Prime Minister Najib Razak defended the government action by citing the need to balance the budget. He said the subsidies for petrol, diesel and liquefied petroleum gas had already reached 24 billion ringgit ($7.4 billion) in 2012. He argued that a substantial amount of these funds could have been used to finance education, health, and other needs of the vulnerable segments of the population.
Najib echoed the assertion of economists, who insist that general fuel subsidies provide more incentive to the rich than the poor. “Currently, our subsidy system benefits everyone, including the higher income group and foreigners. Thus, we need to move to a more targeted subsidy system that caters to vulnerable groups,” Najib said.Enjoying this article? Click here to subscribe for full access. Just $5 a month.
The International Monetary Fund has published a paper which dismissed the fuel subsidy as a funding program that “aggravates fiscal imbalances” while “depressing private investments and reinforcing inequality” by benefiting higher-income households instead of protecting the low-income consumers.
But some experts and opposition leaders have voiced concern over the sudden fuel price hike. They noted that this is the first time the government has reduced subsidies without consulting the public first. They fear that it will trigger inflation in other commodities, to the detriment of the poor.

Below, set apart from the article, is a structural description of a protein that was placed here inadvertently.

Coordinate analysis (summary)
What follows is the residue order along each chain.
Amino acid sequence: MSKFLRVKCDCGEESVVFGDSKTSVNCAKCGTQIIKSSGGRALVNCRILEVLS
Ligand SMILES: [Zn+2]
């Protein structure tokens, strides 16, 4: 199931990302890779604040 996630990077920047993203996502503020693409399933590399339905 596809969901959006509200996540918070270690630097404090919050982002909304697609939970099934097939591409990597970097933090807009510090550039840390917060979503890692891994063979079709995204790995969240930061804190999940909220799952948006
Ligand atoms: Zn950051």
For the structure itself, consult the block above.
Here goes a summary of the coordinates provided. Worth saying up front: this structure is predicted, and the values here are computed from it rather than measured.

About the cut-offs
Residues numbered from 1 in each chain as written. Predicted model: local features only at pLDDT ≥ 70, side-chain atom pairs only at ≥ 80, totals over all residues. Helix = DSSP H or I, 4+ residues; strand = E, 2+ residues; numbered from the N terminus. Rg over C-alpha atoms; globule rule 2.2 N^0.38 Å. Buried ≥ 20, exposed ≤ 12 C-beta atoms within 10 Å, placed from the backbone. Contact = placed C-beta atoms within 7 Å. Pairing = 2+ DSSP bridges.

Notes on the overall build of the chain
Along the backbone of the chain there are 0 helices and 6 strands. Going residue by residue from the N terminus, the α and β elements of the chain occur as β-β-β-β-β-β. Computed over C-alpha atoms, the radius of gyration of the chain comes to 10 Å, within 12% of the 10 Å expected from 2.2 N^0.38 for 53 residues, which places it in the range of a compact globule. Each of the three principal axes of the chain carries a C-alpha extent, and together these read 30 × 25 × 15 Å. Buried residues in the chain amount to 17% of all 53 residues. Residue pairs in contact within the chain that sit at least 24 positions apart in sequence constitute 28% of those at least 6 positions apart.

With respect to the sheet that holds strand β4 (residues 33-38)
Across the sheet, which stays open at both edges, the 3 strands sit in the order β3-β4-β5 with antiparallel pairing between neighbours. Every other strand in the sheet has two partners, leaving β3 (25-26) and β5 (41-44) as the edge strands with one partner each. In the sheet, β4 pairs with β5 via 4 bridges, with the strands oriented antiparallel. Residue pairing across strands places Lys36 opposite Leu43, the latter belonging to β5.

Chong Zhemin, the economic development bureau chief of the Democratic Action Party in Perak, described the price hike as a “betrayal to the people’s trust” and a “huge burden” on them.
Star Sabah (State Reform Party) Chief Jeffrey Kitingan is puzzled why Malaysia is raising petrol prices when the international oil price has fallen to its lowest in nearly three years. “When other countries are reducing petrol prices, the petrol hike shows that the Prime Minister and his fiscal team must have run out of ideas how to address the economic problems and fails to consider the inflationary and drastic burdens that will be imposed on the ordinary rakyat (people) particularly the lower income groups.”
Yin Shao Loong of the Institut Rakyat accused the government of failing to provide options for citizens. “Before cutting fuel subsidies the government should have ensured that public transportation was adequate and Malaysian wages were healthy enough to withstand a jump in prices.”
Political analyst Khoo Kay Peng shared that sentiment when he wrote that “any unilateral action to simply reduce subsidies without looking at other interventions e.g. improving public transport systems is not going to work either.” He agreed that the government has to implement some drastic measures to optimize the use of public funds, but he disagreed about the timing of the subsidy reduction.
In response, Najib assured critics that the higher fuel price would not disrupt the local economy. He also pledged to provide cash transfers known as 1Malaysia People’s Aid (BR1M) to the affected segments of the population.
While economists lauded Malaysia’s decision, consumers, especially car owners, were displeased to learn about the higher petrol prices. However those opposing the subsidy withdrawal today are fewer than those who protested higher petrol prices last year. Perhaps Malaysian authorities should take this cue to quickly fulfill their promise to the public, by re-channeling the fuel subsidy to basic social services intended for the poor. Otherwise, the higher petrol prices could further alienate the government from struggling middle-class and working-class citizens.